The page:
Scuba Diver chats to cave-diving legend Rick Stanton, and finds out what lured him underground in the first place, the challenges of some of his more epic cave dives, and what it was like to be in the midst of the world’s greatest dive rescue.
Photographs courtesy of RICK STANTON
Q: How did you first get into diving or, in your case, cave diving?
A: I’m old enough to have grown up with the 1960s Jacques Cousteau diving programmes on the television, which always fascinated me, especially being under water. I always liked swimming and water activities, including kayaking, but it wasn’t until I was 17 and saw a programme on the TV about UK cave diving that everything clicked into place. I knew that was what I wanted to do, as I totally identified with everything that was going on.
That’s quite unusual, because most people back then started with dry caving and then a very few made the switch to cave diving, but I immediately realised that I wanted to be a cave diver before I even stepped into a cave.
Once I went to university at age 18 I joined its BSAC branch to learn to dive. I also joined the caving club. A few years later, I amalgamated the two activities and taught myself to cave dive in small incremental steps.
Q: Cave diving is considered one of the most dangerous forms of diving. What is it about it that continually draws you back?
A: Personally the thing about cave diving has always been the ability to explore where no man has been before. I know this is a bit of a cliché but caving really is exploration that can be done on the cheap, and even on your own doorstep within the UK. No need to go to remote unclimbed peaks, deep ocean trenches or far-flung corners of the planet… or beyond!
The other thing you should remember is that I just love being in caves, so I don’t particularly consider myself a diver but an underwater caver who just happens to use diving equipment to facilitate this style of exploration.
I don’t view cave diving as having to be the most dangerous of activities. One of the appealing challenges is to make it as safe as you possibly can. I like that aspect, along with the logistical approach one has to take during major projects.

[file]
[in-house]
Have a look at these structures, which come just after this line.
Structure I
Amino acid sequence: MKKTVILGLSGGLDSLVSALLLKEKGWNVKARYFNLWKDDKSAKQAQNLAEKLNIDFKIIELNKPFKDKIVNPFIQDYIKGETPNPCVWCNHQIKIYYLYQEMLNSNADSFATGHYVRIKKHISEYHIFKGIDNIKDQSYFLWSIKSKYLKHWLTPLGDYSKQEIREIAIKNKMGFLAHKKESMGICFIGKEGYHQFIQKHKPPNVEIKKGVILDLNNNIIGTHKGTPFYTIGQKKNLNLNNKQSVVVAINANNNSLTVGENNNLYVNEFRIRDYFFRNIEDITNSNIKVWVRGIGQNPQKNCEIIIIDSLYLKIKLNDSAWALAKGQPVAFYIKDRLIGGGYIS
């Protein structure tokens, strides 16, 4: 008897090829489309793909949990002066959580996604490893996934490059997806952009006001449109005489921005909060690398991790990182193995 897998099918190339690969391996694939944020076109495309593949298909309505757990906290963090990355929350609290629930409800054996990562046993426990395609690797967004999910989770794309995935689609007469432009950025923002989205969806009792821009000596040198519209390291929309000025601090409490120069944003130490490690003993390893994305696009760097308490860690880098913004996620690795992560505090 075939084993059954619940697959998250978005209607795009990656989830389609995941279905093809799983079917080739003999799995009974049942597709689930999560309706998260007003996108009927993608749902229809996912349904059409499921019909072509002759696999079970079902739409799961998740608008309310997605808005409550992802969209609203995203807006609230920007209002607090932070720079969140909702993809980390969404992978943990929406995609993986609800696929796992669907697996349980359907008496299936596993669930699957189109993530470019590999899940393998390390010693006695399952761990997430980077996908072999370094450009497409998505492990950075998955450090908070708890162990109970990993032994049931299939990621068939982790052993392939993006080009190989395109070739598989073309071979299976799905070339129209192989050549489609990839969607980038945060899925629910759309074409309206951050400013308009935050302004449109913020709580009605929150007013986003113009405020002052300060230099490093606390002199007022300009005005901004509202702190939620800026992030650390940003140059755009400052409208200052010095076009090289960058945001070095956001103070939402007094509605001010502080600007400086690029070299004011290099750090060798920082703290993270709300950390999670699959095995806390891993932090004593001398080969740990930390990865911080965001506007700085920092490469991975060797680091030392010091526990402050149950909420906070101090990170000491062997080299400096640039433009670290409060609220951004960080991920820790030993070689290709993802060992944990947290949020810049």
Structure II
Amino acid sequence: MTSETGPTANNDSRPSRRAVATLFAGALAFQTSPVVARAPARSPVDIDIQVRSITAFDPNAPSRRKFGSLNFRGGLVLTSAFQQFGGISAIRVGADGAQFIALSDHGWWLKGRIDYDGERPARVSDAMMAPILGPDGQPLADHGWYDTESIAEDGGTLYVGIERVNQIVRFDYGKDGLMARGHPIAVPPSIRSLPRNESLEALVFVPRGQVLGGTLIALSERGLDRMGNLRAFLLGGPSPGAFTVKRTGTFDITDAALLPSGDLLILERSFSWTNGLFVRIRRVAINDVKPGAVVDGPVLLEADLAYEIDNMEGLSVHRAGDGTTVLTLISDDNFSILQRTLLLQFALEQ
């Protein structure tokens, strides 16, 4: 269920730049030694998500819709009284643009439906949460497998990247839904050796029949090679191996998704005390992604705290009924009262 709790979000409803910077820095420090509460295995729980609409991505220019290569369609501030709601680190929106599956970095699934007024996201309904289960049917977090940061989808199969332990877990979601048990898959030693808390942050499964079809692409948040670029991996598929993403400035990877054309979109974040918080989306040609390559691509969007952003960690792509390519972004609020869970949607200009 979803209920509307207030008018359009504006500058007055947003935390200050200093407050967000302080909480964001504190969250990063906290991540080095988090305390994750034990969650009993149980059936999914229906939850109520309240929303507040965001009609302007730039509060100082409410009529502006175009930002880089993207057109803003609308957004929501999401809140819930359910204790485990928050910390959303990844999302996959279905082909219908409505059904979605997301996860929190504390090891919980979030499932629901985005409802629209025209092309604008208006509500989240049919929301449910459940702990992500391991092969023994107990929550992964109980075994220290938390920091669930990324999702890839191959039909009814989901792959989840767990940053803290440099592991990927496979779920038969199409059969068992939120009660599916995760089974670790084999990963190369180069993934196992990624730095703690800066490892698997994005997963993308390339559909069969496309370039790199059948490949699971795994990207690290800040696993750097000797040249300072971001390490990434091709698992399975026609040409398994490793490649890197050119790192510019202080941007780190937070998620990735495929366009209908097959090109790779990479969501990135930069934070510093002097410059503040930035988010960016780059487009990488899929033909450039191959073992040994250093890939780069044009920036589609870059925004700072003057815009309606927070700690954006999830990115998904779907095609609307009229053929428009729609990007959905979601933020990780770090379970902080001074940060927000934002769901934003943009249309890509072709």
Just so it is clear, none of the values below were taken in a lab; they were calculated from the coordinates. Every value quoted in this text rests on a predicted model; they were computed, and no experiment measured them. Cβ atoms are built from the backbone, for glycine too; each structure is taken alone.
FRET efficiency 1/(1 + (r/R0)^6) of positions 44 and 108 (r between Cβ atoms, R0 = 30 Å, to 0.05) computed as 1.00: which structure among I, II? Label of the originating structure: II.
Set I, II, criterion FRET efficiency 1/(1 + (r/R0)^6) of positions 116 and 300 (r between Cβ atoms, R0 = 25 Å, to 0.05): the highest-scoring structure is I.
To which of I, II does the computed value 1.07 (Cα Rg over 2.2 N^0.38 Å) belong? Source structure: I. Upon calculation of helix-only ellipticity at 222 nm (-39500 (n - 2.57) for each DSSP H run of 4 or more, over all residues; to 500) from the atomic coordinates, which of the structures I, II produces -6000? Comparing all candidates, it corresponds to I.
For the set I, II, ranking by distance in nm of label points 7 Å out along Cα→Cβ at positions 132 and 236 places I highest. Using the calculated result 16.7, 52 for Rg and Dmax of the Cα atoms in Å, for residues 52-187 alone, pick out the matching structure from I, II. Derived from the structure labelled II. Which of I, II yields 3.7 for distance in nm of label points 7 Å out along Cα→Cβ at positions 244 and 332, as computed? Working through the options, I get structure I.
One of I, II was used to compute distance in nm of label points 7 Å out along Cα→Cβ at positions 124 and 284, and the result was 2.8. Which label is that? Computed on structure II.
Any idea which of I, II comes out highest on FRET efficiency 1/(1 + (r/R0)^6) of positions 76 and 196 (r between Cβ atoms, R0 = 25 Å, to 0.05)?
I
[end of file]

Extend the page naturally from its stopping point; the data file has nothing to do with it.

Q: You, along with a select few others, are the go-to people when it comes to cave rescues. What is it like when you first get that call?
A: The principal thing I should point out is that it’s never when you expect it, where you expect it, or at an opportune moment in your life, so there’s always the initial shock. There’s certainly nothing glamorous about any situation at the time.
Once the reality hits you, then you must go about gathering as much information about what’s occurred and think about what you’re going to do, how you’re going to approach the situation and draw on other people to help you. Then it’s organising equipment and transport logistics, none of which is as easy as you might imagine, considering we’re going on a rescue that could be life-critical.
Q: You were a firefighter for a long time – do you think having this background in rescue and intense situations helped to hone your abilities when on a cave-diving rescue?
A: I was a firefighter, but I always maintain that I’d been caving for ten years before I joined the Fire Service and I continue to be a caver since leaving. In many ways, the caving has helped my firefighting. But I do see that I have encountered difficult situations while firefighting and have seen how to manage people, crowds, press and expectations during major events – to reduce things down to the most essential and critical components.
Q: Talking of cave rescues, we inevitably come on to the Thai cave incident. What was it like being thrust into the limelight of the international media while trying to deal with thorny issues of, first, finding the group, and then, two, working out how to safely extricate them?
A: I always say that while we were aware of the press who were present at the incident and that the rescue was being reported all over the world, what we were not aware of was the immense emotional involvement people had in the story. It wasn’t just a passing curiosity but a deep emotional involvement. I’m very good at blocking out distractions and focusing completely on the task in hand, and that’s pretty much what I had to do in Thailand.
We hadn’t necessarily expected to find the boys alive and when we did that was a magical moment that obviously lifted the mood everywhere, but from that point on, in some ways it made the situation worse because we had to come up with a plan that we thought might work, when pretty much everybody else thought that the boys would be doomed in their watery tomb.